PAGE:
MIT MBA student Javier Renna (left) presents the MIT Water Prize winners with their award.
MIT MBA student Javier Renna (left) presents the MIT Water Prize winners with their award.

A membrane technology for textile manufacturers, a recirculating aquaculture system and a social enterprise in Rwanda have been announced as joint winners of the MIT Water Innovation Prize.

The MIT Water Innovation Prize is a start-up competition run by MIT Water Club network for water research and innovation at the Massachusetts Institute of Technology. Up to US$35,000 in innovation grants is awarded annually to teams from across the world. The winners will also receive a consultation with a market analyst from sponsor BlueTech Research and access its market intelligence resources.

Student-led teams from start-ups SiPure and Symbrosia will share the US$35,000 prize with Volta Irrigation.  SiPure has developed a membrane technology capable of purifying textile wastewater which the team says has the potential to reduce global textile industry water demand by 500 billion litres per year.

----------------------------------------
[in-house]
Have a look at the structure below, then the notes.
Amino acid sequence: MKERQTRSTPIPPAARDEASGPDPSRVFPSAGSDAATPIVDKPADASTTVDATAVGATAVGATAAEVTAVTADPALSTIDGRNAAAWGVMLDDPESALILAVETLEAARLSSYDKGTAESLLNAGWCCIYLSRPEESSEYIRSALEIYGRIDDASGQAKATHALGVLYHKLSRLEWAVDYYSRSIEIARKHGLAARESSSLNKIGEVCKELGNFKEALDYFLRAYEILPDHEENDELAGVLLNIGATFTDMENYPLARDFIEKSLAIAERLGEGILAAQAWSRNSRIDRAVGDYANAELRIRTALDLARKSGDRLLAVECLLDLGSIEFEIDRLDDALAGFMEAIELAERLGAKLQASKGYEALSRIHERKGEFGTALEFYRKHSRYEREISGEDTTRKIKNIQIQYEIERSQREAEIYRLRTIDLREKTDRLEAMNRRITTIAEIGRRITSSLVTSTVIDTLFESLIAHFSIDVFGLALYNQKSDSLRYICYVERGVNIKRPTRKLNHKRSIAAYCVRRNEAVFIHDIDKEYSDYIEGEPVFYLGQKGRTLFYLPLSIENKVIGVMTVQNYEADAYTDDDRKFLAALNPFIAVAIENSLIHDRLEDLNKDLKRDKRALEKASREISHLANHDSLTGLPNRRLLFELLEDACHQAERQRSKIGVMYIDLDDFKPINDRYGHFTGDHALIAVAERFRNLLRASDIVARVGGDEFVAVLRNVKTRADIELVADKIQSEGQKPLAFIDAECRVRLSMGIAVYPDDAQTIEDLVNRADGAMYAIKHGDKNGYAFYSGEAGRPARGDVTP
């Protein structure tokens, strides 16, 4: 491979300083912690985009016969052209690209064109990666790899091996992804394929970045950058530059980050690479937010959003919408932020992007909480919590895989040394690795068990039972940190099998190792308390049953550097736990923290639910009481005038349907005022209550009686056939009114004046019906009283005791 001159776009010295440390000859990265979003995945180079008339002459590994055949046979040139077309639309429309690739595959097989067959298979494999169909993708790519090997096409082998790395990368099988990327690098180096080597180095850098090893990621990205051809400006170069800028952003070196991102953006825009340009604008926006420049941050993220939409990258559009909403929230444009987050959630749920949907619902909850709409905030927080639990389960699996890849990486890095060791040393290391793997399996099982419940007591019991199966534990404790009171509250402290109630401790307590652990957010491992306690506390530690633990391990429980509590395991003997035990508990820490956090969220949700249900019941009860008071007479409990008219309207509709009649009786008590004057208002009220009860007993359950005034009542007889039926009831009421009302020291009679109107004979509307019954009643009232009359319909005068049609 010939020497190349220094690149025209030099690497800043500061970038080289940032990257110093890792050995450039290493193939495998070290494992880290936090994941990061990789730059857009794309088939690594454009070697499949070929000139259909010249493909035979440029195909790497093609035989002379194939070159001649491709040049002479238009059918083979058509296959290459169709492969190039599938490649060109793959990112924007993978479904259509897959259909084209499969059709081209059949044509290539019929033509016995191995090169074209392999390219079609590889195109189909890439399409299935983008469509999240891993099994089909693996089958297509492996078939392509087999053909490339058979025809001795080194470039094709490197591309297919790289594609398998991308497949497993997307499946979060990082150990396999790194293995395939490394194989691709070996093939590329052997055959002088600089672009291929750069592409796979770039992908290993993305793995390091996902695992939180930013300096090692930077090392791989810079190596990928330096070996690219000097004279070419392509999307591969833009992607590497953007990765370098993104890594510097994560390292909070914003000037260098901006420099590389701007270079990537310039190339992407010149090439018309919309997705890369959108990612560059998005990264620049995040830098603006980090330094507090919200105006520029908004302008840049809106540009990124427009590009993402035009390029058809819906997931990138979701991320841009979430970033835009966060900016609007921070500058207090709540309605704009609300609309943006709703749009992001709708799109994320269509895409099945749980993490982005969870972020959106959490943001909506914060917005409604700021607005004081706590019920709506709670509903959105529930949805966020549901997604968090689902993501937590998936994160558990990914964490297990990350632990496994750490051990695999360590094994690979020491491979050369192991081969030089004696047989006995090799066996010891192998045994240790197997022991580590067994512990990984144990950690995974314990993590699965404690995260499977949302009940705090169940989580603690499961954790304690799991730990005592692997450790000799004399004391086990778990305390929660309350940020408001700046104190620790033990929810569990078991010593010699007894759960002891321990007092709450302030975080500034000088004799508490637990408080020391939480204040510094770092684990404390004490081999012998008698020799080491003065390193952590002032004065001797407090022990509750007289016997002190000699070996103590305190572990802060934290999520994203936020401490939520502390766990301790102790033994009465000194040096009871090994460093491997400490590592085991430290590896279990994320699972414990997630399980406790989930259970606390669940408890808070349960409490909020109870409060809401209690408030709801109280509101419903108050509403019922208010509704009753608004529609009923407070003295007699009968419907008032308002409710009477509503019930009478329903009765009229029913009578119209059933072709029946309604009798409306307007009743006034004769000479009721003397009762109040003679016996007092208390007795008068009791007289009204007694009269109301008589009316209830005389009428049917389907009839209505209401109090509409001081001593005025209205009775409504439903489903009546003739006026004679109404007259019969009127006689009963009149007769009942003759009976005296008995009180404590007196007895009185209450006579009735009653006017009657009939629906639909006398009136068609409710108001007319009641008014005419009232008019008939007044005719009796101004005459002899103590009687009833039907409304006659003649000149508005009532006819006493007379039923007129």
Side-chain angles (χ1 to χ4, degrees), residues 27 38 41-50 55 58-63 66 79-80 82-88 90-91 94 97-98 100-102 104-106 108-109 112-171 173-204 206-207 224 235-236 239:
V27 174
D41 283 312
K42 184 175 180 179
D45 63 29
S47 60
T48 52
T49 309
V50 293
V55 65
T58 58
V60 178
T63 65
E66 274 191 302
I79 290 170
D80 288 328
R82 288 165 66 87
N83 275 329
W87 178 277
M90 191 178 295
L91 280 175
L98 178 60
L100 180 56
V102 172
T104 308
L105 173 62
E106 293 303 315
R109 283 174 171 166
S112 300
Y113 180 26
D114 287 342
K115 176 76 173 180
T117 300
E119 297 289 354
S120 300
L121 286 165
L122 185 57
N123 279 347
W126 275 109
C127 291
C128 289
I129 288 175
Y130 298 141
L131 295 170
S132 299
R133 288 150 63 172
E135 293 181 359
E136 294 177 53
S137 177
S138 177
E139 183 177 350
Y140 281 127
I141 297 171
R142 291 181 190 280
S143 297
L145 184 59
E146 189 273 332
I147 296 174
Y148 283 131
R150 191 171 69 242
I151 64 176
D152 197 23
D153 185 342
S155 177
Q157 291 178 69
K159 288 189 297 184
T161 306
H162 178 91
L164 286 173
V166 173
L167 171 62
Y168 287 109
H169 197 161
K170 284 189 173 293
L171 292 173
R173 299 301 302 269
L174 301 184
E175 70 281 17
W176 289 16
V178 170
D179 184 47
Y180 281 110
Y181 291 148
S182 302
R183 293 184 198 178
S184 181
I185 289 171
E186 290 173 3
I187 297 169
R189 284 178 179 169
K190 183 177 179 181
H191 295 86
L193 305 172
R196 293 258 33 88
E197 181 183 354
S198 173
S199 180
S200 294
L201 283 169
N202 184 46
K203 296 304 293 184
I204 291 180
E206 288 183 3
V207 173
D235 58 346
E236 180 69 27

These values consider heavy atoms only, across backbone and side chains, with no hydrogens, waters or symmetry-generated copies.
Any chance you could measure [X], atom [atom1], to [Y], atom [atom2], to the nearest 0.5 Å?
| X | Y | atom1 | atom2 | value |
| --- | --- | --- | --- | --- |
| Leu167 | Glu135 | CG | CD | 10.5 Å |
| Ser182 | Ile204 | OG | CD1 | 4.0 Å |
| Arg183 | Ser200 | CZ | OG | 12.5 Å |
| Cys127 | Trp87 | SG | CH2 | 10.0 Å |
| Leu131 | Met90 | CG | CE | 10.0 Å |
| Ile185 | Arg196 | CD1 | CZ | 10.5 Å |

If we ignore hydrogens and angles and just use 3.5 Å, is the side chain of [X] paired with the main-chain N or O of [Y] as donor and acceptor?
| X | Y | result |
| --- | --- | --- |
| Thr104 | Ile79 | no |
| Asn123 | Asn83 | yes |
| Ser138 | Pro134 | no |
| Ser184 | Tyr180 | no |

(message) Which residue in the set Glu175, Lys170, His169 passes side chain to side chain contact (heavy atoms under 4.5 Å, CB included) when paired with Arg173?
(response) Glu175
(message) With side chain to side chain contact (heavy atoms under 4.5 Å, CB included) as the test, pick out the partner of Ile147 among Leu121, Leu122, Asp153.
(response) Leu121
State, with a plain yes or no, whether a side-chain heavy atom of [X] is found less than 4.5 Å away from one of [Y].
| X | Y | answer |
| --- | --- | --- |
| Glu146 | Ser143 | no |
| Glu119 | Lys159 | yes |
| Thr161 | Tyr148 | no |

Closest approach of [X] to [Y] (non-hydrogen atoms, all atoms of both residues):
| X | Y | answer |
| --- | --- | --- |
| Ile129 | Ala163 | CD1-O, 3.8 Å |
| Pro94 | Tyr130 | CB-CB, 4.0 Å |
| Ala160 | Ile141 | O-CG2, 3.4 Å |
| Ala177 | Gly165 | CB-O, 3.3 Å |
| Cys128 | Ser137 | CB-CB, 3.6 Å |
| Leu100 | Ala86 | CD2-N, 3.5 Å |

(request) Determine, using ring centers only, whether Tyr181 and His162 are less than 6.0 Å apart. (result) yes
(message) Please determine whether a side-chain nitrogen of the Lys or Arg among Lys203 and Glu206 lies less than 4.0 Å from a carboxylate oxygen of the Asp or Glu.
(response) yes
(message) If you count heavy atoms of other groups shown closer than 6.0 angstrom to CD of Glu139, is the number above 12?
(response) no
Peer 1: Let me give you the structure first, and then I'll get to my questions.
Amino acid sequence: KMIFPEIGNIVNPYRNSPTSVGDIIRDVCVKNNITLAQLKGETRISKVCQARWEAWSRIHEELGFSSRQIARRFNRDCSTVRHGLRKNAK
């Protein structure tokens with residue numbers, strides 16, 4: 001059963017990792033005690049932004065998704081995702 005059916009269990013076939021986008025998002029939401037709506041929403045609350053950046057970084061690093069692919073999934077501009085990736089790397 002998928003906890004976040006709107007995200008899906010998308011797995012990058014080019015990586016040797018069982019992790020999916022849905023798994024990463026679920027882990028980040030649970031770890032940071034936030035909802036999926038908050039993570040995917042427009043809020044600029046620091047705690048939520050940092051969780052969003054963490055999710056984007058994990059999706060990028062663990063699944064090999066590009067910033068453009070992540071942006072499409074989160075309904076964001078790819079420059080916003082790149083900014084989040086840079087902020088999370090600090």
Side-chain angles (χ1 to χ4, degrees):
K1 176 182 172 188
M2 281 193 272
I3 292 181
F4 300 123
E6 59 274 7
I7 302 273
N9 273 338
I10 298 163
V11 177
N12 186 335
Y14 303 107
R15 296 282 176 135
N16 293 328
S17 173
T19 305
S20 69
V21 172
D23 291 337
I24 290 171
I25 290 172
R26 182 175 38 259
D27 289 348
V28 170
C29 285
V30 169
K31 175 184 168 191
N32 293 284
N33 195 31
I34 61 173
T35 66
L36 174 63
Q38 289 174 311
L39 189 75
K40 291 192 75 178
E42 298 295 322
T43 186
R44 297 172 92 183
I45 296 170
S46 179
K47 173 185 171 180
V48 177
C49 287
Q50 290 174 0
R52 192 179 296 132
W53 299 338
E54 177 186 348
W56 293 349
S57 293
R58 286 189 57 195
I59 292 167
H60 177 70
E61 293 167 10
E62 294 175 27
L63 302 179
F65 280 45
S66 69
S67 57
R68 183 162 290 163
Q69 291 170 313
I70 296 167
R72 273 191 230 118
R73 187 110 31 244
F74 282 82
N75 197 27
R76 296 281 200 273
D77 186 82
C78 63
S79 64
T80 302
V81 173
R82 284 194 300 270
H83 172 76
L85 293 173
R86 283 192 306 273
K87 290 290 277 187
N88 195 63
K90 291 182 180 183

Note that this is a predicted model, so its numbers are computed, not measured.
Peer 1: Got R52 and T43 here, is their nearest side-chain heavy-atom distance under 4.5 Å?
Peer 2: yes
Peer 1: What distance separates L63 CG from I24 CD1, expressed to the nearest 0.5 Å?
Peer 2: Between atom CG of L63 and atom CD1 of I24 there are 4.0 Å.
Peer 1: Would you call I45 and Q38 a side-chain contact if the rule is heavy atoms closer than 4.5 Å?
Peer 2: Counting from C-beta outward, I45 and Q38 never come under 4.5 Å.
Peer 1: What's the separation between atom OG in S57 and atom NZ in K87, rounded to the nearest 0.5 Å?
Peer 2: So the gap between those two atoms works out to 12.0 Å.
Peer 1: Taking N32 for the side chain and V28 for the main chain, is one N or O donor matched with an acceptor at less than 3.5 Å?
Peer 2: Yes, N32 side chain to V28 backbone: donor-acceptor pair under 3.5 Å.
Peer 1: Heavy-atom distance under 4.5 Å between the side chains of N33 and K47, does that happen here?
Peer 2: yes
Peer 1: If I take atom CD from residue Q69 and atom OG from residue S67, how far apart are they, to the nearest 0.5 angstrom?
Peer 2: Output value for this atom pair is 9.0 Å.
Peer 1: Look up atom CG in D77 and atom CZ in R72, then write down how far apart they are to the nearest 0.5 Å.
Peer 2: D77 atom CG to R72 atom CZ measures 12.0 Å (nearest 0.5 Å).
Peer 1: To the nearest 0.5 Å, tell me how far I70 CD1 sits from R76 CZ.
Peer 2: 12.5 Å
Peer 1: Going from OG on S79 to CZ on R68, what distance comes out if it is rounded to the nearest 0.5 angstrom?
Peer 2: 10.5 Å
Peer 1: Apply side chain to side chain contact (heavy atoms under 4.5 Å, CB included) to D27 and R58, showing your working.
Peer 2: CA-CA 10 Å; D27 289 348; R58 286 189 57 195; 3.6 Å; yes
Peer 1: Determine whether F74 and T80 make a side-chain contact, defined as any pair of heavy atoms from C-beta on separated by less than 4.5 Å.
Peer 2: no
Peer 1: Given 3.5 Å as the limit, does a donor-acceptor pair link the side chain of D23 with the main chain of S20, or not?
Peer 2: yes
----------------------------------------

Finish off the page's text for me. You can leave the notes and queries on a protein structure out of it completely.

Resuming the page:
Symbrosia’s recirculating aquaculture system produces the red macro-algae Asparagopsis taxiformis, a species of seaweed. Replacing just 2% of cattle feed with A. taxiformis can lead to a 99% reduction in cattle methane production - addressing global climate change and food security.

Volta Irrigation lends resources such as seeds and fertilisers to farmers with smallholdings in Rwanda and the surrounding countries. It combines its loans with sustainable and affordable irrigation technology called Alma Volta, a pedalling system powers an inverter, battery and pump which can distribute enough water to irrigate around 25 hectares of farmland.

The MIT Water Prize winners will have the opportunity to attend BlueTech Forum 2019, which takes place in London on 5-6 June and gives delegates the opportunity to network closely with industry leaders from utilities, industrial water users, academia and the investment community.